Thus, it is from them that the following surnames (nicknames) came from: Manias, Tzotzolis, Kapsalis, Velanos, Manolaris, Ksiras, Sarris, Kokkinianos, Kontentos, Kokkalas, Micheletos, Malindretos, Drakoules, Giannakos, Paraskianos, Marakianos, Pattakos, Manoles, Annezis, Bilalis, Maroulis, Kantis, Georgiakos and many others (Skoulas p. 27, 28 and BLANCARD p. 706 B). All the abovementioned are the descendants of Emmanuel Mavrogenis from Paros.

The most prominent families in the village of Lakkoi were the ones named:
Mandakas (descendants: Stamatianos, Zouridis, Malandris, Sergis, Proimis, Michelis, Pelekoudis e.t.c.).

Skoulas (descendants : Volanis, Manarolis, Giannaris, Nikoloudis, Karapatis, Ferrarolis e.t.c.).

Mavrogenis (descendants : Annezis, Georgiakos, Drakoules, Kandis, Kokkinos, Malindretos, Manias, Manolaris, Manoles, Maroulis, Micheletos, Bilalis, Ksiras, Paraskianos, Sarris, Tzotzolis, Psilis e.t.c.).

Thodorianos (a great family with descendants: Andrianis, Verivis, Kazalis, Manoussakis, Solidis e.t.c.).

According to the writings of Achilleas Skoulas, Ioannis Mavrogenis, son of Emmanuel, from the island of Paros, had three sons and a daughter, namely Stamatis, Emmanuel, Stylianos and Kyriaki.

From records I found in M. Kourmoulis’ book, titled “ A GENERATION OF ONE THOUSAND YEARS’’ and in which he speaks of the Mavrogenis Family in a romantic way, descendant of which he was himself as well, come to light important facts about Ioannis Mavrogenis, the first son of Emmanuel Mavrogenis from Vamvakou in Lakonia-Peloponnese.
So, I found the answer to my question, as how come Ioannis Mavrogenis had only four (4) children, while his other two brothers had more than ten children each!!
Well, as it is mentioned in the abovementioned book (p. 178), Ioannis or Tzannis Mavrogenis fled Crete and went to Mytilene Island (Lesbos) to hide, because he had killed a Turk, in order to save a fellow-villager from sure death.
While in Mytilene, he was a guest at the house of doctor Kondylis, who had married Maria Mavrogenis, daughter of his father Stephanos’ brother.
During his stay in Mytilene, the local agha, a lecherous old man, sent a message to Kondylis, that he should sent him his beautiful daughter Zambia for his harem, that same day!! To refuse the agha, would constitute an insult, with serious repercussions to the entire family.
During the discussions among the family members, they asked the opinion of father Lefteris, the Priest, who, in order to save Zambia, suggested the only solution!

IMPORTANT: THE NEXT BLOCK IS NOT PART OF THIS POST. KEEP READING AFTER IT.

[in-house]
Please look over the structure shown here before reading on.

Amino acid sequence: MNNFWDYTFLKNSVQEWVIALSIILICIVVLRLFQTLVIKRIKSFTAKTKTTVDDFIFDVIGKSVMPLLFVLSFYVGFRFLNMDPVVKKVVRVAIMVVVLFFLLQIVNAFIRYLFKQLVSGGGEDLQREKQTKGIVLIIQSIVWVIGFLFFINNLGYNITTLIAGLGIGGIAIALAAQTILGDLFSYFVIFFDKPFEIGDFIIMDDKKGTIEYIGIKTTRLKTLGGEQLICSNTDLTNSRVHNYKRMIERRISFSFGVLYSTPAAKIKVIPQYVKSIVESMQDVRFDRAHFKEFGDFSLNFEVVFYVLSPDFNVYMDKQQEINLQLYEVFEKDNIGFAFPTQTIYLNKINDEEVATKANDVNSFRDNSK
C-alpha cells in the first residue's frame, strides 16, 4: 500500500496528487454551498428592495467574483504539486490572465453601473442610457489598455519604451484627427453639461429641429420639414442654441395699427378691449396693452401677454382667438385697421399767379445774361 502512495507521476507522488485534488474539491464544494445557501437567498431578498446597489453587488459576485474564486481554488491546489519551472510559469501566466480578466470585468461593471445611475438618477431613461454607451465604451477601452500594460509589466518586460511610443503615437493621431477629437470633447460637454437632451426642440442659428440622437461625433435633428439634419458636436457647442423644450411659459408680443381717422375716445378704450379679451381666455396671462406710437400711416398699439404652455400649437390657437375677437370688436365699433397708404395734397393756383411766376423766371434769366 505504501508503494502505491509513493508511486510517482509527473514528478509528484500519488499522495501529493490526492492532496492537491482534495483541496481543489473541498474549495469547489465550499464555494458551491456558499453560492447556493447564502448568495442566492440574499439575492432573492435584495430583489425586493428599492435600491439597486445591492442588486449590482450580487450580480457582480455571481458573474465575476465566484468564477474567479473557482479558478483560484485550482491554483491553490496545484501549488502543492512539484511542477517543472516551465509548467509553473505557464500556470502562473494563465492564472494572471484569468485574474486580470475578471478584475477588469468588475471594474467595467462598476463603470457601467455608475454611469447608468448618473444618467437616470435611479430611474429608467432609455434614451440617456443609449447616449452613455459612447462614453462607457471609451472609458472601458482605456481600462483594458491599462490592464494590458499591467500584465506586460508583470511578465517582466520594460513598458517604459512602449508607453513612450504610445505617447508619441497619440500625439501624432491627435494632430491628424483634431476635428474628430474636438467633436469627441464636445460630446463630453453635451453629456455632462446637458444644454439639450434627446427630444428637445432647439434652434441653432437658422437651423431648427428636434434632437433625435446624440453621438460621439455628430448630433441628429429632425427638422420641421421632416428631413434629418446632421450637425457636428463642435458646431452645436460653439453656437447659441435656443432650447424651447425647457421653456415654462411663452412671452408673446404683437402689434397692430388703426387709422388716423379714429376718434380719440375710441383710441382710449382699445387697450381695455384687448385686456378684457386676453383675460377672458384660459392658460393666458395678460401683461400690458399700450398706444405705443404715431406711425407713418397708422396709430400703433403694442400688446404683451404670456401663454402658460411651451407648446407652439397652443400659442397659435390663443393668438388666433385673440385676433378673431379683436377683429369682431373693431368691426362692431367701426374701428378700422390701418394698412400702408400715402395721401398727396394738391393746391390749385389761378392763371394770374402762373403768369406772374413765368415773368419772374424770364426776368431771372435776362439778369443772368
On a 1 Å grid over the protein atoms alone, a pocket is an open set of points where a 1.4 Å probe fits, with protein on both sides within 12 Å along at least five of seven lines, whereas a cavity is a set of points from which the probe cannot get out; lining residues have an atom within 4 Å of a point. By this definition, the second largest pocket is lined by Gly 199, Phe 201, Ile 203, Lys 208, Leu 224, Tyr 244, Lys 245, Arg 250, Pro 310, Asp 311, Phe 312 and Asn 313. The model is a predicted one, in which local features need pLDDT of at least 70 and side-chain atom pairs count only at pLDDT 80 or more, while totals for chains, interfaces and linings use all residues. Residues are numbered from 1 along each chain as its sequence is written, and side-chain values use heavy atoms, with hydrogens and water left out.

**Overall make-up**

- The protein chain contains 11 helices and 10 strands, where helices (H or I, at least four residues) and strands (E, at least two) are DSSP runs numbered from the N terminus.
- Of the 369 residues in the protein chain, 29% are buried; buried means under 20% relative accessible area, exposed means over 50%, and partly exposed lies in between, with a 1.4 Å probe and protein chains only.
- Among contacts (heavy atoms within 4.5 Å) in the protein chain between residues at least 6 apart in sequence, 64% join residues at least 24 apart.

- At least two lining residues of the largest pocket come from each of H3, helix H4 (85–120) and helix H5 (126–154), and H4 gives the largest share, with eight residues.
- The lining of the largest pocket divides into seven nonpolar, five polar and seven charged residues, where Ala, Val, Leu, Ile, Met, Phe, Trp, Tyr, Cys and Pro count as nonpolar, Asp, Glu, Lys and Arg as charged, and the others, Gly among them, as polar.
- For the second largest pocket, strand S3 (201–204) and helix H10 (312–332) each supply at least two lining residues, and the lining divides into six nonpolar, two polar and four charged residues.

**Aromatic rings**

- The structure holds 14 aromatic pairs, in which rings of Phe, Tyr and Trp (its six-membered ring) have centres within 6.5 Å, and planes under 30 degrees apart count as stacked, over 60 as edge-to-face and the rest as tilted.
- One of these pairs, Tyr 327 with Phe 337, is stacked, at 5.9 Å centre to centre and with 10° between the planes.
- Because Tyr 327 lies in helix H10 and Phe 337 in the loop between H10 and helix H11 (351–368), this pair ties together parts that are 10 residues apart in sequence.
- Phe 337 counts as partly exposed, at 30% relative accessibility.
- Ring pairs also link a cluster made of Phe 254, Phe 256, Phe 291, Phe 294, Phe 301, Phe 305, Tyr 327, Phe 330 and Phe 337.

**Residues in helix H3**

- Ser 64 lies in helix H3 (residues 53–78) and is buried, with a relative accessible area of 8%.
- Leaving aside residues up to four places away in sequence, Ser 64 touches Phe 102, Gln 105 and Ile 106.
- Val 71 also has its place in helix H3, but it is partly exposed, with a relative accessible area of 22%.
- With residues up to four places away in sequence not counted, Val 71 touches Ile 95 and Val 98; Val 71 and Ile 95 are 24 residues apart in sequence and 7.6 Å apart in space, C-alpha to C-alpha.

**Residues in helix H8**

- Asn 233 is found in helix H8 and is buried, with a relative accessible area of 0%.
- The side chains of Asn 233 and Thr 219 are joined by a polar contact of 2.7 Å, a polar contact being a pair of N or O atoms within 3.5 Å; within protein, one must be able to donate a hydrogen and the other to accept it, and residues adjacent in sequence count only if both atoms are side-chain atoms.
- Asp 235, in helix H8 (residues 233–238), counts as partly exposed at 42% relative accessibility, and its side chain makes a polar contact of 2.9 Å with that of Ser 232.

The only solution would be for Zambia to get married, so that she should avoid going to the agha’s harem!
“And where are we going to find a groom, father Lefteris?” asked Kondylis.
“Right here is your groom!” answered father Lefteris and showed Ioannis Mavrogenis.
Ioannis explained to them that he was already married and was also related to Zambia and the marriage would be a great sin!! “I will take it upon myself; you will marry her in order to save her from the agha and we’ll see about it later!!” said father Lefteris.
So, the wedding took place and Zambia got rid of the agha. When the agha learned of the scheming, was furious, but because the Mavrogenis’ had very good connections with the Sultan, he left it at that.
As it is mentioned in Kourmoulis’ book, who was great great-grandson of Ioannis Mavrogenis, after his marriage to Zambia, Ioannis Mavrogenis went to Smyrna, where, using a letter of reference given to him by his uncle Stephanos, he was hired by the Vizier Kiapitoglou as Dragoman (1804-1816).
Ioannis Mavrogenis left Smyrna and went to Romania right after the Sultan ordered Kiapitoglou’s execution!

Ioannis Mavrogenis had ten (10) children with Zambeto (Zambia) Kondyli and their names were: Emmanuel, George, Apostle, Kyriakos, Demetrios, Eleni, Nikolaos, Konstantinos, Marigo and Michalis.

Apostle Mavrogenis was born in 1798 and died in Athens in 1904 at the age of 106 years. He was residing at 10 Arachovis str. in Athens. He studied medicine and became a doctor, serving as army doctor under Theodore Kolokotronis.
He spoke French, Italian, Turkish and Arabic, a rare thing for that time. He was a great personality of that era and as a result of that he was a frequent visitor to the Palace, invited by King Otto.
King Otto and crown prince George awarded him many medals and decorations.
His first wife was Anastasia Blezaki, with whom he had two sons, Nestoras and Alkibiades and his second marriage was with Konstantina Gezelaki.
Doctor Apostle Mavrogenis is mentioned by Blancard as well as by the writer of the History of Crete, Psilakis, (he met him in person, PSILAKIS C p.39).

Stamatis son of Ioannis Mavrogenis (1786- ), had five (5) sons: Ioannis, Emmanuel (1808-1884) head of the 1858 Revolution, Antonis,
Demetrios and Stylianos, who all moved down to villages in a plain, such as Syrili, Stalos, Galatas, Zymbragou and some other villages, while the villages were still under the Turkish occupation.

Emmanuel, son of Ioannis Mavrogenis (1788-1829) had a son named Ioannis (-1829): Stylianos, son of Ioannis Mavrogenis (1791-1829) had three sons, Ioannis in Chania, Chariton in Fourne and Stamatis who remained in Lakkoi.
Stamatis had four sons and a daughter, namely: George, Emmanuel,
Vassilis (1872-1943), Stylianos and Antonoussa.
Vassilis was my grandfather.

The abovementioned Mavrogenis’ who are reported dead in 1829, were killed April 29-1829 in a battle against the Turks, which took place in the area of Livadia (Λιβάδια).

The family-tree of the Cretan Mavrogenis branch is as follows:

Emmanuel Mavrogenis son of Demetrios:
The youngest of the brothers, who, after leaving Vamvakou/Lakonia and Paros Island, went to Crete and settled there; he had three sons (Blancard, B p. 706), namely:

a- Ioannis b- Antonis c- Stamatis

The Mavrogenis family, also known as Bibianoi, as most people in Lakkoi had nicknames, having a lot of children and thus there existed the problem of synonymity, they used nicknames usually made from their first names or their fathers’ first names as it is mentioned further bellow (Manoilis, Kokkinos,Giorgiakos,Paraskianoi, Ksirades, Maniades e.t.c.).